Unlike many other ESG indexes, which are subjective in nature and require a great deal of analysis to quantify ESG data, the SSI Impact Index is passive in nature. First, the index uses six pillars (for example, resource scarcity, societal, environmental, healthy living) and 20 subthemes (for example, energy efficiency, forestry, and green transportation) to select companies. The index begins with all funds listed on the New York and NASDAQ stock exchanges. It then performs a screening process to determine if the considered companies produce a product that solves or provides improvement to one of the identified challenges. Companies must be relevant to the considered challenges and also provide benefits or solutions to those challenges. This is a far more direct approach than many other ESG indexes and funds take. Not only does the company have to be improving its operations with regard to ESG areas, but it also must be providing a product that is beneficial.
The index itself is reviewed annually and is rebalanced quarterly. Positions are weighted to allow a maximum position of 3.5% and a minimum of 0.5%. Due to the nature of the index, it is underweight in the Energy sector, as many renewable companies are classified as utilities. Additional information is located in the SSI Index methodology paper.
The top 10 holdings of ICAN include a large number of tech firms, such as Google (the largest holding at 4.01%), Apple, and Netflix. However, other types of companies are also present, such as Honeywell, CVS Health Corp, and Disney, which are leaders in their respective sectors. The reasons these companies, and certain sectors, are included are varied (for example, Disney is included for its promotion of cultural diversity). Constituents and their reasons for inclusion can be found here.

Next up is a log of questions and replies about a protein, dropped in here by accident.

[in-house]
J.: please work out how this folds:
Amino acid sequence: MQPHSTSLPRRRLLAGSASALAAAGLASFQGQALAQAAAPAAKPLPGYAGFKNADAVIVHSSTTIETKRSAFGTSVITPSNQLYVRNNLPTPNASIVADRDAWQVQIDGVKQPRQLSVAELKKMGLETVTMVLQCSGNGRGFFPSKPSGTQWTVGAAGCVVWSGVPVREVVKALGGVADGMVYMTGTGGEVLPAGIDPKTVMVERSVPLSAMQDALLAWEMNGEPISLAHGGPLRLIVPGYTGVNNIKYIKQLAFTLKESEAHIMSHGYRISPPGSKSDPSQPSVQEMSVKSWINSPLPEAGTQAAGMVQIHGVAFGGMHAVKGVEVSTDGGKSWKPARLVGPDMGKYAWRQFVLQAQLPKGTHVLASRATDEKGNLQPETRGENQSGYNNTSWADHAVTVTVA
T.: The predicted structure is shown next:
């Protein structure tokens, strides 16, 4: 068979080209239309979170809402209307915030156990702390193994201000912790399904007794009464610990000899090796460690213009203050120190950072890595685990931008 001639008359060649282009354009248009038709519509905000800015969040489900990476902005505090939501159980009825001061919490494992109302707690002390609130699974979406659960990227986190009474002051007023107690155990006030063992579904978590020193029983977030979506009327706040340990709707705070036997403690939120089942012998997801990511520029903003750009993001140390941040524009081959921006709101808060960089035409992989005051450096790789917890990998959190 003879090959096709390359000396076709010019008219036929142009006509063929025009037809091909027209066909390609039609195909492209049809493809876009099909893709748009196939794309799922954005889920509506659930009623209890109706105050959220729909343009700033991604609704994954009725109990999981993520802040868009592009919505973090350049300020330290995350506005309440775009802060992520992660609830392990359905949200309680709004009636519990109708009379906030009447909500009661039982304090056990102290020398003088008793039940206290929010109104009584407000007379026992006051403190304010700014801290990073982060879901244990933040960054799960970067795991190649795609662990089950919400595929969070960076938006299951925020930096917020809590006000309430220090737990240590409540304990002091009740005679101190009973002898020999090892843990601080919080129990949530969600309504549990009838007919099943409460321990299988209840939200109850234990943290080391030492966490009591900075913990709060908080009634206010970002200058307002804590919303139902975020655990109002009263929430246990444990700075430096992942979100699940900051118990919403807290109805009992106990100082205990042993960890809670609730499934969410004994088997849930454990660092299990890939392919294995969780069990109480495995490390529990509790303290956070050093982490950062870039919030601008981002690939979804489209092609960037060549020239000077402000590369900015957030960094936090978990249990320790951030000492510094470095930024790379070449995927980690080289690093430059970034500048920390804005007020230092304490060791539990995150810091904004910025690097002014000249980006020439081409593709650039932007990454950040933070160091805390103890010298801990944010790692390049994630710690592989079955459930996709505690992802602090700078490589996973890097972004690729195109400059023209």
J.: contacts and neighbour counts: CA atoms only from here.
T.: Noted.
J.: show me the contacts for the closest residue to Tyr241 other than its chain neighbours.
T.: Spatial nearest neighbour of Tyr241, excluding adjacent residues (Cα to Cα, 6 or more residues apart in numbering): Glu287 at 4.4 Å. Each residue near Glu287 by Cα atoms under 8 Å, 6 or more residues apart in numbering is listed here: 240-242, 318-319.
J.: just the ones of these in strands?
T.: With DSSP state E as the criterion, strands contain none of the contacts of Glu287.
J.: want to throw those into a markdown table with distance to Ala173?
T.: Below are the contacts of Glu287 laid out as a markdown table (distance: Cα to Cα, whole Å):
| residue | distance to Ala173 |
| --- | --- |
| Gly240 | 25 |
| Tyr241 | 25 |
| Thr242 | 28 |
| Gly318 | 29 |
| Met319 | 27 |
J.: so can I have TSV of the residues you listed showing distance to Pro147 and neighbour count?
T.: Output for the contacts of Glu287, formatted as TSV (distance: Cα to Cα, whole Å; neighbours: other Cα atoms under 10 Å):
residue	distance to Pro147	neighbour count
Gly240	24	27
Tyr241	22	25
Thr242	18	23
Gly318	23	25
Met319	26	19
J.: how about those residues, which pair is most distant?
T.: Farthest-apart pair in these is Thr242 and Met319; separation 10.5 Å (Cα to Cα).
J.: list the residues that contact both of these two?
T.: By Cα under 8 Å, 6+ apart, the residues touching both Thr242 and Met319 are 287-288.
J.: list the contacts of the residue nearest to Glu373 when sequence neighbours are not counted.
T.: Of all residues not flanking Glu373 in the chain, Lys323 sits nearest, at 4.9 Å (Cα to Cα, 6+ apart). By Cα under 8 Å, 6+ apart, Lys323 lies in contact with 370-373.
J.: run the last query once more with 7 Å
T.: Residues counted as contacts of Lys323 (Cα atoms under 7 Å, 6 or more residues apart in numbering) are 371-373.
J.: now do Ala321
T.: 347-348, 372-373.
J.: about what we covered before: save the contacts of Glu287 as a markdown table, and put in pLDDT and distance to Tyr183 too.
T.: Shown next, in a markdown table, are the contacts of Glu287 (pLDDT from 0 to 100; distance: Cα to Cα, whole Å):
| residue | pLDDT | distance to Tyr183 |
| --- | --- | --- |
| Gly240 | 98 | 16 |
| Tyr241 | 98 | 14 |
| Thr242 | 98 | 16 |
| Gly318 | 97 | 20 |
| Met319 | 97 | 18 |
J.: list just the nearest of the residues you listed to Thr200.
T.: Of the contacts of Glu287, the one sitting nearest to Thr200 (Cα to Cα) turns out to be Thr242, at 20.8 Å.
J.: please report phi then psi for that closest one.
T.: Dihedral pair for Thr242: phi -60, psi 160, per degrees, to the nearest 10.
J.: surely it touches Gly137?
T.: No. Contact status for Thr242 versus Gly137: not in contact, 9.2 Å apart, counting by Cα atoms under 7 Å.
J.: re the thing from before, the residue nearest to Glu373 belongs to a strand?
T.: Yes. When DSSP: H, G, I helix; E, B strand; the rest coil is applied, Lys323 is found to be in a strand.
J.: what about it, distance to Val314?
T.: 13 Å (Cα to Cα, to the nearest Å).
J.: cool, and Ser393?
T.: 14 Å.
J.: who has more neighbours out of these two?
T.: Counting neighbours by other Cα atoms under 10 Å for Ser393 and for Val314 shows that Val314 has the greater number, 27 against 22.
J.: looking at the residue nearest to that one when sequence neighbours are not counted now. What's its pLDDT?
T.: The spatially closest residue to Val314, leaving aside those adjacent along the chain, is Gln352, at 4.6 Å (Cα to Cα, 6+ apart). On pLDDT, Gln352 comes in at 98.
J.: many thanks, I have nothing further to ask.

Sector exposures are heaviest in Industrials, Technology, and Health Care, while Energy is somewhat underweight versus its market-capitalization weight. Additionally, the report notes that mid-caps are also underrepresented, as companies within that range were less likely to meet the index criteria.
ICAN has an expense ratio of 0.50%, and dividends will be paid annually. The fund’s investment advisor is SerenityShares.
Disclosure: No communication by Dynamic Performance Publishing or our employees to you should be deemed as personalized investment advice. Any investment recommended in this newsletter should be made only after consulting with your investment advisor and only after reviewing the prospectus or financial statements of the company. Dynamic Performance Publishing, its affiliates, and clients may hold positions in the recommended securities. Results are not indicative of holdings for clients of Flexible Plan Investments. Forwarding, copying, or otherwise duplicating this information for the use by anyone other than the intended recipient is expressly forbidden. These results are not representative of those achieved by clients of Flexible Plan Investments, Ltd. (FPI) due to differences in security selection, timing of trades, transaction fees, and FPI’s management fees.